(Offered as HIST 265 [LA/TE/TR/TS], LLAS 265 and ENST 265) This course focuses on the links between ecological transformations and human problems, and between rural social movements and environmentalism. Questions we will engage include: How has imperialism impacted the environment? How have these environmental impacts shaped the possibilities for political resistance by subaltern groups? Can history guide us in our current efforts to develop a sustainable approach to the environment that helps the land and its fauna, but does so in a way that brings greater justice and self-determination to the people who live there? Is it possible to protect the environment while affirming the interests of the state and of investors? We will focus on case studies from all across Latin America, with particular emphasis on Brazil, Mexico, Central America, the Caribbean, and the Andes. The class will introduce students to classic texts in Latin American environmental history, as well as some of the newest scholarship. Two class meetings per week.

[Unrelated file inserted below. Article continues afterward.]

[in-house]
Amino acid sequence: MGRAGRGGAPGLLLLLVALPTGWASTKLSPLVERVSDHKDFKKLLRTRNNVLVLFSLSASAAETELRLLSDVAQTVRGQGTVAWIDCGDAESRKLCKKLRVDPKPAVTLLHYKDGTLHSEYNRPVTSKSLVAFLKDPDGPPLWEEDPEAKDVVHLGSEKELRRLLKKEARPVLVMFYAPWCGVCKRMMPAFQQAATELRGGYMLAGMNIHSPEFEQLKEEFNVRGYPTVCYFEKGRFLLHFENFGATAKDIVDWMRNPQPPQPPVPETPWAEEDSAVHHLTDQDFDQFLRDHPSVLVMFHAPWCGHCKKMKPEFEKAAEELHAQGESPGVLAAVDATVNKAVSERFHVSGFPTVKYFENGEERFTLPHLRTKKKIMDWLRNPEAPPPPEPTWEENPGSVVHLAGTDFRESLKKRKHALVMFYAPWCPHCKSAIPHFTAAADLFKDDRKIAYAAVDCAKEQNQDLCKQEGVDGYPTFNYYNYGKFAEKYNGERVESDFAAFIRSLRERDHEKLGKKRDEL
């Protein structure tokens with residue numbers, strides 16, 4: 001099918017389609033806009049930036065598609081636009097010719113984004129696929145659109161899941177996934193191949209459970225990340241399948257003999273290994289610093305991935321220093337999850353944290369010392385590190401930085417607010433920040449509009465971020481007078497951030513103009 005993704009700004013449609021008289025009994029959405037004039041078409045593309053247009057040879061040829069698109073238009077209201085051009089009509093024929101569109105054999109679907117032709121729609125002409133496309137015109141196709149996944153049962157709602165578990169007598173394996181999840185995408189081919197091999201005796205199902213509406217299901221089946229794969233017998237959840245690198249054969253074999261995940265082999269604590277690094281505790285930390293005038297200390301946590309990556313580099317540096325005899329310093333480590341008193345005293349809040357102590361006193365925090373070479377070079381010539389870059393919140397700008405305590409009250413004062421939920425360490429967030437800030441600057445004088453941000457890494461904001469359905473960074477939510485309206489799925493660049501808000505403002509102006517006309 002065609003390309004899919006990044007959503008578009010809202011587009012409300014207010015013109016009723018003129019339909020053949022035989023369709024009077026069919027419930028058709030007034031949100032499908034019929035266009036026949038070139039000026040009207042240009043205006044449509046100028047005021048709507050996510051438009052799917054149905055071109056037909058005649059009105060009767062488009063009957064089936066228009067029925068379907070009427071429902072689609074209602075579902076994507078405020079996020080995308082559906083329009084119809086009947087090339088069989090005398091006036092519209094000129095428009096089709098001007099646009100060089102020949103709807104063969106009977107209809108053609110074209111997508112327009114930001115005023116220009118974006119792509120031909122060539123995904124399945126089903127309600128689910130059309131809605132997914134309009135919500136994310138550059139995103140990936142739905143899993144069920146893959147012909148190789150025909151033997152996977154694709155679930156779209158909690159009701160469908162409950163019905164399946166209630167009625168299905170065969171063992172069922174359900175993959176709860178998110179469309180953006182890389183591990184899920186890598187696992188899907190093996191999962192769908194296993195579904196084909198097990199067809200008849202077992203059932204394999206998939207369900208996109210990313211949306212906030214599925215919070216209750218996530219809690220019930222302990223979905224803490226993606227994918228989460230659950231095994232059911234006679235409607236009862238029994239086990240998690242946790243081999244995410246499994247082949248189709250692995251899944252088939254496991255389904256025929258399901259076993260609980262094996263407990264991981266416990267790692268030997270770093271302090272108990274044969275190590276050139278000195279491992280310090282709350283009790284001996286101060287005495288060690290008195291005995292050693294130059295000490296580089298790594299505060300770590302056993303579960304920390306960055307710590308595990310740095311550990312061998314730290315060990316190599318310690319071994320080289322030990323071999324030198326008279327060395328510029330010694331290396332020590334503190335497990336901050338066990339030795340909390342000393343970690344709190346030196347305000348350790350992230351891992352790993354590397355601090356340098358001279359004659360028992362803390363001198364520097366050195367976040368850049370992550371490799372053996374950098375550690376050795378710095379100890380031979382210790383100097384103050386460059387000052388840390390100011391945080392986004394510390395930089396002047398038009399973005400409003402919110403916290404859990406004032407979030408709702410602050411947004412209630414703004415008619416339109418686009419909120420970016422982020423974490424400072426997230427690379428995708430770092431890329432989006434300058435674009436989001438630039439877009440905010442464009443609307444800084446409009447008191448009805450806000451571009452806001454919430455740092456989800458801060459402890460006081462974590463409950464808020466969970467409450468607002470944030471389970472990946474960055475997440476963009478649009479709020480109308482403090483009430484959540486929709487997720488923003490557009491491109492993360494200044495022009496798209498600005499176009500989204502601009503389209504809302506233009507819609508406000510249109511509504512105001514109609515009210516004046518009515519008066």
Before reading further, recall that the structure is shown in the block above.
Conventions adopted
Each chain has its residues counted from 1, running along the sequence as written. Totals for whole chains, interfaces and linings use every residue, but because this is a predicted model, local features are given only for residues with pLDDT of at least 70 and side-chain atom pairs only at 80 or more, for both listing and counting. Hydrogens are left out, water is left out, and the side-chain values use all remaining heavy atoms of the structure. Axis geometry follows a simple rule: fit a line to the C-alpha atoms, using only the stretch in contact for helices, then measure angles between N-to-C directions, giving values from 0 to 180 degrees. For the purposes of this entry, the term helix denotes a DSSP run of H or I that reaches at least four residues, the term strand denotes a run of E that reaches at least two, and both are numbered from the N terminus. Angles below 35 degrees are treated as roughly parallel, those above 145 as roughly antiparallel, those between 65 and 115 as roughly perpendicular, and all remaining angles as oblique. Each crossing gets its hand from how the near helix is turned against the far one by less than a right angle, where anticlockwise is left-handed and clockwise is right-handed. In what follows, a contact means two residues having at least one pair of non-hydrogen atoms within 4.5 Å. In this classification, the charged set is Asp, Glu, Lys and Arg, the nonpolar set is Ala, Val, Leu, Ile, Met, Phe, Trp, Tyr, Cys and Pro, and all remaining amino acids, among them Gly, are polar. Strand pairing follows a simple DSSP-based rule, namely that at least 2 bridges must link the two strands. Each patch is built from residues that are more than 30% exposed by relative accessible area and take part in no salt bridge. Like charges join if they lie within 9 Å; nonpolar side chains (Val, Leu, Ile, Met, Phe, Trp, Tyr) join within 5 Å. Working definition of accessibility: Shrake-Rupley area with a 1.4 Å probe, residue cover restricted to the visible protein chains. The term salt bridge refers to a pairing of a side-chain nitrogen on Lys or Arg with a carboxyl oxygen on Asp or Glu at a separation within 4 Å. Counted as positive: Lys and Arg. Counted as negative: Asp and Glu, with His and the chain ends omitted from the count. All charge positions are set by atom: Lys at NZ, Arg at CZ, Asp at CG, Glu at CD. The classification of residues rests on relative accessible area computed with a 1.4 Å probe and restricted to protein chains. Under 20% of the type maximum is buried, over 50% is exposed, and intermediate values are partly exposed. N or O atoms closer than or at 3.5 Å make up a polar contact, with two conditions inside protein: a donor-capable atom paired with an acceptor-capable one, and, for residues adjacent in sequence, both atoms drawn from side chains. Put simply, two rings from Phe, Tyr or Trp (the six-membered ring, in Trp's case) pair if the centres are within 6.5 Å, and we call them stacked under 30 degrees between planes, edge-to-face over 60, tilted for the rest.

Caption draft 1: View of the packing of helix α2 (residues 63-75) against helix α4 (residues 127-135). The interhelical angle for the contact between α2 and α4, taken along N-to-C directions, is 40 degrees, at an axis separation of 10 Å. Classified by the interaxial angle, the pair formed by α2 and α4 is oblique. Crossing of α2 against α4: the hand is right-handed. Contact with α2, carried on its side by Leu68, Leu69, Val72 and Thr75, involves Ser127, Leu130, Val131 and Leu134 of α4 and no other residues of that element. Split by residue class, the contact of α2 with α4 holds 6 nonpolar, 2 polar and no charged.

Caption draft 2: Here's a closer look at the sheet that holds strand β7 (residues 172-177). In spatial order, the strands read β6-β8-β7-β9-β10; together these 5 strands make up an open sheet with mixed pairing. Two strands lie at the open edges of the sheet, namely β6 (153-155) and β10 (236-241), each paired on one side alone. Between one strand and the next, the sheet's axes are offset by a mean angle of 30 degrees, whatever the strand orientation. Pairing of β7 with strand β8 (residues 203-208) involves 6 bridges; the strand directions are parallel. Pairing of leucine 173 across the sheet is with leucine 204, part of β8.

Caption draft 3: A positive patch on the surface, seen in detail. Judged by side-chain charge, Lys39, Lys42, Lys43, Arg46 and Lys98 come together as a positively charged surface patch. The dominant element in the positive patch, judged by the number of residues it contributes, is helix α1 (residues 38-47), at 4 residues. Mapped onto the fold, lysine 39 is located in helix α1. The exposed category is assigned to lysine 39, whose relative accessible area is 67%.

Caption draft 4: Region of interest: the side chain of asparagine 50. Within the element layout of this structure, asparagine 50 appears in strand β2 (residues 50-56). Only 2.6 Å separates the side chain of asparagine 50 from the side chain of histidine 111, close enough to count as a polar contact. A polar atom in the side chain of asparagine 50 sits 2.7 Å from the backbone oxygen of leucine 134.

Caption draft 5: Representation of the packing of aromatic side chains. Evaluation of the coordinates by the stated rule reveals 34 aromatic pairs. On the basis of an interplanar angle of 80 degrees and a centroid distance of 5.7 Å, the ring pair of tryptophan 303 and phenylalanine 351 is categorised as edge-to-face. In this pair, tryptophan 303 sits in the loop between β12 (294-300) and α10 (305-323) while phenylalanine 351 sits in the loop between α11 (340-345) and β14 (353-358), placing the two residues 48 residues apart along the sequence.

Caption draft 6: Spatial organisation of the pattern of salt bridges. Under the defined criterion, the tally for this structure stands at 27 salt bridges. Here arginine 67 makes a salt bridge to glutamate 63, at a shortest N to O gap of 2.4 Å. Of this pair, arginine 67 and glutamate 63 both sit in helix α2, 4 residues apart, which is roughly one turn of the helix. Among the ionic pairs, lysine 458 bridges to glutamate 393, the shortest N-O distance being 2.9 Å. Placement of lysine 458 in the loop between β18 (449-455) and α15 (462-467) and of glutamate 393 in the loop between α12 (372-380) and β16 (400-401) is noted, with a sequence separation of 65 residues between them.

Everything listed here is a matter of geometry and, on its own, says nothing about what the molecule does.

Fall semester. Professor López.
Attention to Issues of Class, Attention to Issues of Race, Attention to Issues of Social Justice, Attention to Speaking, Attention to Writing, Transnational or World Cultures Taught in English